It Ain’t Me Babe by Bob Dylan
I have loads-a favourite Bob Dylan songs but one of my most favourite has to be “It Ain’t Me Babe”. As regular readers know I like to laugh. It is my favourite pursuit. And I fund this song funny. I think it is one of the best 1st dance tunes!
Anyway, enough of what I think here is the lowdown about the record.
Song by Bob Dylan from the album Another Side of Bob Dylan
Released: August 8, 1964
Recorded: June 9, 1964
Studio: CBS 30th Street Studio, New York City
Songwriter: Bob Dylan
Producer: Tom Wilson
“It Ain’t Me Babe” is a song by Bob Dylan that originally appeared on his fourth album Another Side of Bob Dylan, which was released in 1964 by Columbia Records. According to music critic Oliver Trager, this song, along with others on the album, marked a departure for Dylan as he began to explore the possibilities of language and deeper levels of the human experience. Within a year of its release, the song was picked up as a single by folk rock act the Turtles and country artist Johnny Cash (who sang it as a duet with his future wife June Carter).
Dylan’s biographers generally agree that the song owes its inspiration to his former girlfriend Suze Rotolo. He reportedly began writing the song during his visit to Italy in 1963 while searching for Rotolo, who was studying there.
Clinton Heylin reports that a Times reporter at a May 1964 Royal Festival Hall concert where Dylan first played “It Ain’t Me” took the chorus “no, no, no” as a parody of the Beatles’ “yeah, yeah, yeah” in “She Loves You”.
Nat Hentoff’s late October 1964 New Yorker article on Dylan includes an account of Hentoff’s presence on the evening in June 1964 in the CBS recording studio when Dylan recorded this and a dozen or so other songs. After some description of the recording studio and booth exchanges among Dylan, his friends, and the session’s producers, Hentoff describes the moment. “Dylan,” Hentoff writes, “went on to record a song about a man leaving a girl because he was not prepared to be the kind of invincible hero and allencompassing provider she wanted.” “‘It ain’t me you’re looking for babe,’ he [Dylan] sang, with finality,” Hentoff writes in his piece.
The melody in both phrases uses a scale descending through a minor third. (Dylan played at the Royal Festival Hall on Sunday, May 17, 1964. The Times reviewed the performance in the following day’s edition under the heading of “A Minnesota Minstrel.” However, the review makes no mention of “It Ain’t Me, Babe.”)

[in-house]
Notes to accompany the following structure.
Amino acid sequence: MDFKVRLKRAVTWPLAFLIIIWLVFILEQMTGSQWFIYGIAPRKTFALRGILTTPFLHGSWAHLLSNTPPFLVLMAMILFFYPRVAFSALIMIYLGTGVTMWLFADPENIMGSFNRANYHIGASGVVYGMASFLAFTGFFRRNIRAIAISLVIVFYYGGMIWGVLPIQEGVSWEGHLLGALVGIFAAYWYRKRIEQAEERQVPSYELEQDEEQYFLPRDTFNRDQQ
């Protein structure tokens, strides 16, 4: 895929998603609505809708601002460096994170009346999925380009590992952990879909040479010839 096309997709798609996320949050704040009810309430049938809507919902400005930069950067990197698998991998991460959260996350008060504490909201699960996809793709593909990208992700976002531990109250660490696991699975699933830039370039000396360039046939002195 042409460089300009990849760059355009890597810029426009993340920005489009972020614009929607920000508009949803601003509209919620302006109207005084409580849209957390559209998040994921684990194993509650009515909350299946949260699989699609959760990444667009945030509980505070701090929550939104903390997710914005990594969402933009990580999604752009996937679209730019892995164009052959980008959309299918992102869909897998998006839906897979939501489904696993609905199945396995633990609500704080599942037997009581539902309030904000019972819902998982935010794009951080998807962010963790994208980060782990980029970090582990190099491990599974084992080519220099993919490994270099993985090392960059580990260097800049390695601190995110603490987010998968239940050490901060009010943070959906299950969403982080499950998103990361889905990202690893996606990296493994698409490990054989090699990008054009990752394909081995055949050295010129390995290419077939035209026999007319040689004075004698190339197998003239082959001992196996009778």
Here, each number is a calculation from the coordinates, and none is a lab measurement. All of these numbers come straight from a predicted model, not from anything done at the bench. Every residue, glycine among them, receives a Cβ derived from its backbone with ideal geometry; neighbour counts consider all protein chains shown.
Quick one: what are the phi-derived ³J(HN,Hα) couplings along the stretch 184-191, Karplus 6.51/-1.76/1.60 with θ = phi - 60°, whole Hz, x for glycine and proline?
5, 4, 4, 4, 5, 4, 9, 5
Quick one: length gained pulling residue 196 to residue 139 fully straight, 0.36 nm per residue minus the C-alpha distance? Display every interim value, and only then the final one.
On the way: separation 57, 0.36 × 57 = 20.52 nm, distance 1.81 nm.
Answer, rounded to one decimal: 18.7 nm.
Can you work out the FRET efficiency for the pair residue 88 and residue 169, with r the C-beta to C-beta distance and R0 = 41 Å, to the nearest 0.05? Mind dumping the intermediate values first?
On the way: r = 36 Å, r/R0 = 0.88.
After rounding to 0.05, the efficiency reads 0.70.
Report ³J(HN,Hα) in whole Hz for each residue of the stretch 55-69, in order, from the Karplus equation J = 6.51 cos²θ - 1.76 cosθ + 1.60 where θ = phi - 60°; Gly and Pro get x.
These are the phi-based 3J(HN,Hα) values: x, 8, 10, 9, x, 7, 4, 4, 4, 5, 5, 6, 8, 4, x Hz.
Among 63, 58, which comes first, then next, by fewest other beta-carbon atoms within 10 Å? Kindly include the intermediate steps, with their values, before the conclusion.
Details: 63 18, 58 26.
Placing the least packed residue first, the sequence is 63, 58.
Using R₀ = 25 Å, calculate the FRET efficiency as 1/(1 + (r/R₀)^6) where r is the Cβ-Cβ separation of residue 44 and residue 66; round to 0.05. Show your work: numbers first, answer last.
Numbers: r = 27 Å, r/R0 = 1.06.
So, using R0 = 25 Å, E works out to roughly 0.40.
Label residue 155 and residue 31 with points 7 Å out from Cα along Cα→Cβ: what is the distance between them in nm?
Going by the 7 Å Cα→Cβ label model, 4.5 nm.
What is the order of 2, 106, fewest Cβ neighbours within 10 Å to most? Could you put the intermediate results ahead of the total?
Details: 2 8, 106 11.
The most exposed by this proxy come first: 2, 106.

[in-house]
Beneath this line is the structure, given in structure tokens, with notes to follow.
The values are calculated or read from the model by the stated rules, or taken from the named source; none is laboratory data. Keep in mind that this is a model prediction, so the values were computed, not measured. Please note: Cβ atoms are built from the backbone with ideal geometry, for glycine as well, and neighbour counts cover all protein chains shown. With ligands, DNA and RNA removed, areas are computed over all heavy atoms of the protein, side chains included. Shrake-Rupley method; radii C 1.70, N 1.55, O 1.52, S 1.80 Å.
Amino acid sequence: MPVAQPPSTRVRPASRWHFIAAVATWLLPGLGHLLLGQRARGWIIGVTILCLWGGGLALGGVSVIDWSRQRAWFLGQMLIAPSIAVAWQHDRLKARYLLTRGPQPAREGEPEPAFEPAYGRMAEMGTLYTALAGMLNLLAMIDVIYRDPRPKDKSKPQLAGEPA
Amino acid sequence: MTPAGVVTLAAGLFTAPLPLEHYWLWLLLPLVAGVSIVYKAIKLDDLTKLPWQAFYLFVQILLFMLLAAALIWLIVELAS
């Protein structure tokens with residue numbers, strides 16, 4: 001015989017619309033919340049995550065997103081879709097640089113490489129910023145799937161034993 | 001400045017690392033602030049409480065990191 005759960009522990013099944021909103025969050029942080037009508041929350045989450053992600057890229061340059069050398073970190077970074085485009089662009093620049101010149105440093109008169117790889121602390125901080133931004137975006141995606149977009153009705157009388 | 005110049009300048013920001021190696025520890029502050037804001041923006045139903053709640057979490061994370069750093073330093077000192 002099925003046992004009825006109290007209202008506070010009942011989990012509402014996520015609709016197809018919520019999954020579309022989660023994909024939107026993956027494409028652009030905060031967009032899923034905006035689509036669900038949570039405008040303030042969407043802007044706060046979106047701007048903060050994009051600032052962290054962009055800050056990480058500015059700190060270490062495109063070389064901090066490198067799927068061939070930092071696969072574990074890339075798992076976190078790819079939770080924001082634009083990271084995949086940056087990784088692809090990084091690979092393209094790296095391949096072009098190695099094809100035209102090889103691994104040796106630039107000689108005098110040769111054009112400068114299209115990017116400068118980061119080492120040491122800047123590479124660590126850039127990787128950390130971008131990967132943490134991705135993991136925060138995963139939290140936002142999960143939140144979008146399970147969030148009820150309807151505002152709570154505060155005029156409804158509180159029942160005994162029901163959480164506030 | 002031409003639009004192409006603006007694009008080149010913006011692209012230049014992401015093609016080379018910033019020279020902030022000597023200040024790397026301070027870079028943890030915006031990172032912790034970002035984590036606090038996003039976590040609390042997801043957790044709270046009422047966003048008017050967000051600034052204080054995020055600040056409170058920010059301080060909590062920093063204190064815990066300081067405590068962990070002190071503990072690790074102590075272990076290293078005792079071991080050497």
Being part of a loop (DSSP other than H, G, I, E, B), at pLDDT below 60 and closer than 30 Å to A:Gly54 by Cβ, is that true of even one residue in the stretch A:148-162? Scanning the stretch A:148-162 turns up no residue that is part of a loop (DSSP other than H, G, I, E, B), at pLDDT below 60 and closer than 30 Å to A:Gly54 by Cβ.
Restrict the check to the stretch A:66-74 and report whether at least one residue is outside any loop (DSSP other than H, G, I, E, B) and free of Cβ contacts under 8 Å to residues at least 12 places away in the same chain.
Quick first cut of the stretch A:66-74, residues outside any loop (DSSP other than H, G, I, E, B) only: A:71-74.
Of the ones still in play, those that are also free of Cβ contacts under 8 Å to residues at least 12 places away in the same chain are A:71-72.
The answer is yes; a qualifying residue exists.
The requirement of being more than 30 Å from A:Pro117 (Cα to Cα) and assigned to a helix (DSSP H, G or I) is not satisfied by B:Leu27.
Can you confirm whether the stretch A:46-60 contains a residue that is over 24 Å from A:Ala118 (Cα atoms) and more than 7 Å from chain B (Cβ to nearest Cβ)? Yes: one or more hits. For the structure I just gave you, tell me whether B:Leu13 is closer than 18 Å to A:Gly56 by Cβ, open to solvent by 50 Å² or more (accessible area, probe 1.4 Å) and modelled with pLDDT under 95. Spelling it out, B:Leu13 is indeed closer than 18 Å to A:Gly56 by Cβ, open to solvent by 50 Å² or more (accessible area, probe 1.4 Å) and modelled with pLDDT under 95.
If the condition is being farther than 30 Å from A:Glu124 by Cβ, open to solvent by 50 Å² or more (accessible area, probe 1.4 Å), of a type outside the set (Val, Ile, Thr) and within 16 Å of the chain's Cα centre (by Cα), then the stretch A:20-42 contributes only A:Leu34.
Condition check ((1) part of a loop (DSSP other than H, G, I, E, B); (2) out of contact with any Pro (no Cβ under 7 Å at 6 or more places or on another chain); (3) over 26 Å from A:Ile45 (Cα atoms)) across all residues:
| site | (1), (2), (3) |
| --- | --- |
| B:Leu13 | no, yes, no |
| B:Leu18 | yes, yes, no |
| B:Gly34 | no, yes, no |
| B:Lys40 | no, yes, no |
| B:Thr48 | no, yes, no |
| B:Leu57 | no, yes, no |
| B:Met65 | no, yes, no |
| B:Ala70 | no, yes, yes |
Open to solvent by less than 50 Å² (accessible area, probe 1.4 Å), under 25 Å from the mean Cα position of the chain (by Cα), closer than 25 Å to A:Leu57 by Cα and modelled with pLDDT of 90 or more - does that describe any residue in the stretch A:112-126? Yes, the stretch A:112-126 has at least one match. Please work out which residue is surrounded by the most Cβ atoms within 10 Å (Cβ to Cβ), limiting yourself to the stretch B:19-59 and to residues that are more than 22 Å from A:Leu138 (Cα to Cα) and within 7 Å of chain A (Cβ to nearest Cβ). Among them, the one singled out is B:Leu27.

Dylan and Johnny Cash were admirers of each other’s work. Cash recorded the song with June Carter. The song was released on Cash’s 1965 album, Orange Blossom Special, and became a hit. This song was also featured in the 2005 film about Cash’s life, Walk the Line, and was performed by Joaquin Phoenix and Reese Witherspoon on the film’s soundtrack.
In 1965, The Turtles also had a breakthrough hit single of the song, which reached #8 in the U.S. and was then featured on their debut album of the same name.
Jan & Dean covered the song on their 1965 album, Folk ‘n Roll.
“It Ain’t Me Babe” was among many Dylan songs recorded by Joan Baez in the early years of her career. Baez’s version appeared on her 1964 album Joan Baez/5, which also included “Go ‘Way From My Window.” Additionally, Baez’s 1967 album Live In Japan contains the song. Dylan and Baez sang a duet of “It Ain’t Me Babe” at the Newport Folk Festival on July 24, 1964, as can be seen in the 2007 documentary film The Other Side of the Mirror, and their October 31, 1964 performance of it may be heard on The Bootleg Series Vol. 6: Bob Dylan Live 1964, Concert at Philharmonic Hall, released in 2004.
Sebastian Cabot recorded a spoken-word variation of the song for his infamous Sebastian Cabot, actor…Bob Dylan, poet album in 1966. This version was included in Golden Throats: The Great Celebrity Sing Off in 1988.
Nancy Sinatra covered “It Ain’t Me Babe” on her 1966 Boots album.
Flatt & Scruggs covered the song, as well as a number of other Bob Dylan songs on their 1968 album Changin’ Times.
Davy Jones covered the song on his 1965 self-titled debut album David Jones and released it as a single in 1967.
Johnny Thunders covered the song on his 1983 album Hurt Me.
Silvertide covered the song in 2006 for the soundtrack for Lady in the Water.
Christofer Drew of Never Shout Never covered the song in 2010 for Billboard’s website Billboard.com.
The pop-punk band New Found Glory covered the song on their album From the Screen to Your Stereo Part II.
Bryan Ferry covered the song on Another Time, Another Place album in 1974.
Kesha covered the song during the 2016 Billboard Music Awards.
Adam Harvey and Beccy Cole covered the song on their album The Great Country Songbook Volume 2 (2017).
Soul singer Bettye LaVette included the song on her 2018 Dylan covers album Things Have Changed.
Married Canadian duo Melissa McClelland and Luke Doucet of Whitehorse covered the song on their album The Road to Massey Hall (2013).
Jesse Cook featuring Melissa McClelland covered the song on his album Frontiers (2007).